4 Türk Telekom Arena - (Galatasaray)
The Telekom Arena became the new home of Galatasaray in 2011 and there were fears the club could lose the formidable atmosphere their former ground had become renowned for. Such fears were put to bed relatively early. The immensely impressive 52,652 stadium has brought the Turkish giants into the 21st century whilst maintaining the incredible atmosphere that the club are so well-known for. Ryan Giggs described the experience simply, stating “I’ve never experienced anything like Galatasaray.” The club hold the official record for the loudest crowd roar at a soccer stadium, set in 2011 at their new ground. Galatasaray enjoy particularly impressive atmospheres for European games and clashes with their two Istanbul rivals; Fenerbahce and Besiktas.
3 Polish Army Stadium - (Legia Warsaw)
The historic Polish Army Stadium is no longer owned by the Polish Army but rather the city of Warsaw. Home side Legia Warsaw are regarded as the best supporters in Poland and some of the most fanatical in all of the world. Occasionally tainted by outbreaks of violence, hooliganism and far-right activists, when not tarred with this disgrace, they are some of the finest fans in the world who create a simply incredible atmosphere in a relatively modest 31,103 capacity stadium. They have a historic rivalry with fellow Warsaw-based side Polonia Warsaw which is currently tied exactly with 29 wins for either side and 20 draws.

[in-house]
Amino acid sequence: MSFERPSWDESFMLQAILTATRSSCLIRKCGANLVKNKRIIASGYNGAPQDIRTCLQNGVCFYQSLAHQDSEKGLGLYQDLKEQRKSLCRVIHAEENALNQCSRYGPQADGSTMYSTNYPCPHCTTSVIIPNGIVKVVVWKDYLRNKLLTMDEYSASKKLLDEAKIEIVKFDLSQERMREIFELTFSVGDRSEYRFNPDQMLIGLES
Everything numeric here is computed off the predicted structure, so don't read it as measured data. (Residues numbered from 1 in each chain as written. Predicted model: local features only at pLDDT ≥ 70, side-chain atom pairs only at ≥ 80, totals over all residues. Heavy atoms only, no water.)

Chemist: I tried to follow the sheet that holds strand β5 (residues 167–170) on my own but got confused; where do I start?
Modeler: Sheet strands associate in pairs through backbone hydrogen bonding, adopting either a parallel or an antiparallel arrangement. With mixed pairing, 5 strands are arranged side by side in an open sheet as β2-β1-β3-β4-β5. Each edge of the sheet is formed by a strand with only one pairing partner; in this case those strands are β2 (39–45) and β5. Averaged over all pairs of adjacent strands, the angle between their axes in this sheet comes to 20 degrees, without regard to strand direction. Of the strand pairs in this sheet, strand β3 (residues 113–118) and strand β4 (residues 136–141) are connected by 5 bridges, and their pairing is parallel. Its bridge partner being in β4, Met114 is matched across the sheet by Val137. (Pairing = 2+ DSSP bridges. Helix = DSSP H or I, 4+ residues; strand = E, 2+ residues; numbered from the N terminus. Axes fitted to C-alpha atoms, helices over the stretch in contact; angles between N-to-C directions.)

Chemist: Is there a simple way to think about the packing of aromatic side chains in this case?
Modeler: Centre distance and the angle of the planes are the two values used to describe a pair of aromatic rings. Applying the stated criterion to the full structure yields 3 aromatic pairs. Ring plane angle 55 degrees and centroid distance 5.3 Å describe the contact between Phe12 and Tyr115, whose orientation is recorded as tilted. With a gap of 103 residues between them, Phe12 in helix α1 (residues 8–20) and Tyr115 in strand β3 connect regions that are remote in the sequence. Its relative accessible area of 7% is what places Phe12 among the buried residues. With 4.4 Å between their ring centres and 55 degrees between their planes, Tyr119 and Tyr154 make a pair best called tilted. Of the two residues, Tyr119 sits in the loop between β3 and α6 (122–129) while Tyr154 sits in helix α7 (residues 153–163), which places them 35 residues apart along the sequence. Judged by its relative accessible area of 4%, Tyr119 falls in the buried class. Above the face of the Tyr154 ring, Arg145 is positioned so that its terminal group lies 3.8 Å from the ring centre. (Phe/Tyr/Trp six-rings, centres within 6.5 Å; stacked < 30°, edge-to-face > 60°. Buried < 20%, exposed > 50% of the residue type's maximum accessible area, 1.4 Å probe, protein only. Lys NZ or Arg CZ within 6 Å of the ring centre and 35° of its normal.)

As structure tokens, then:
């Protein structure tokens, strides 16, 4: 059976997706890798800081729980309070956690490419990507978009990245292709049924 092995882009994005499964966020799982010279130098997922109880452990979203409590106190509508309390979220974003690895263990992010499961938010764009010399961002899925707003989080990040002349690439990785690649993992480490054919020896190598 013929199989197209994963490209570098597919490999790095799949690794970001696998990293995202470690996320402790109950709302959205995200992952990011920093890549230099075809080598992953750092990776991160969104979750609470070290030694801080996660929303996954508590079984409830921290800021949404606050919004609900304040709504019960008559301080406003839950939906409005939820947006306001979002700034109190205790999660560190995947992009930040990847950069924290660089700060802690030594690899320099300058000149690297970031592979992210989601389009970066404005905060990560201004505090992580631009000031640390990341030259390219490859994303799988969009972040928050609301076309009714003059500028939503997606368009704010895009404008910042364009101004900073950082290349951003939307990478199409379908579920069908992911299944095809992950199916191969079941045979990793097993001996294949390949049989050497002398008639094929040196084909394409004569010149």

2 La Bombonera - (Boca Juniors)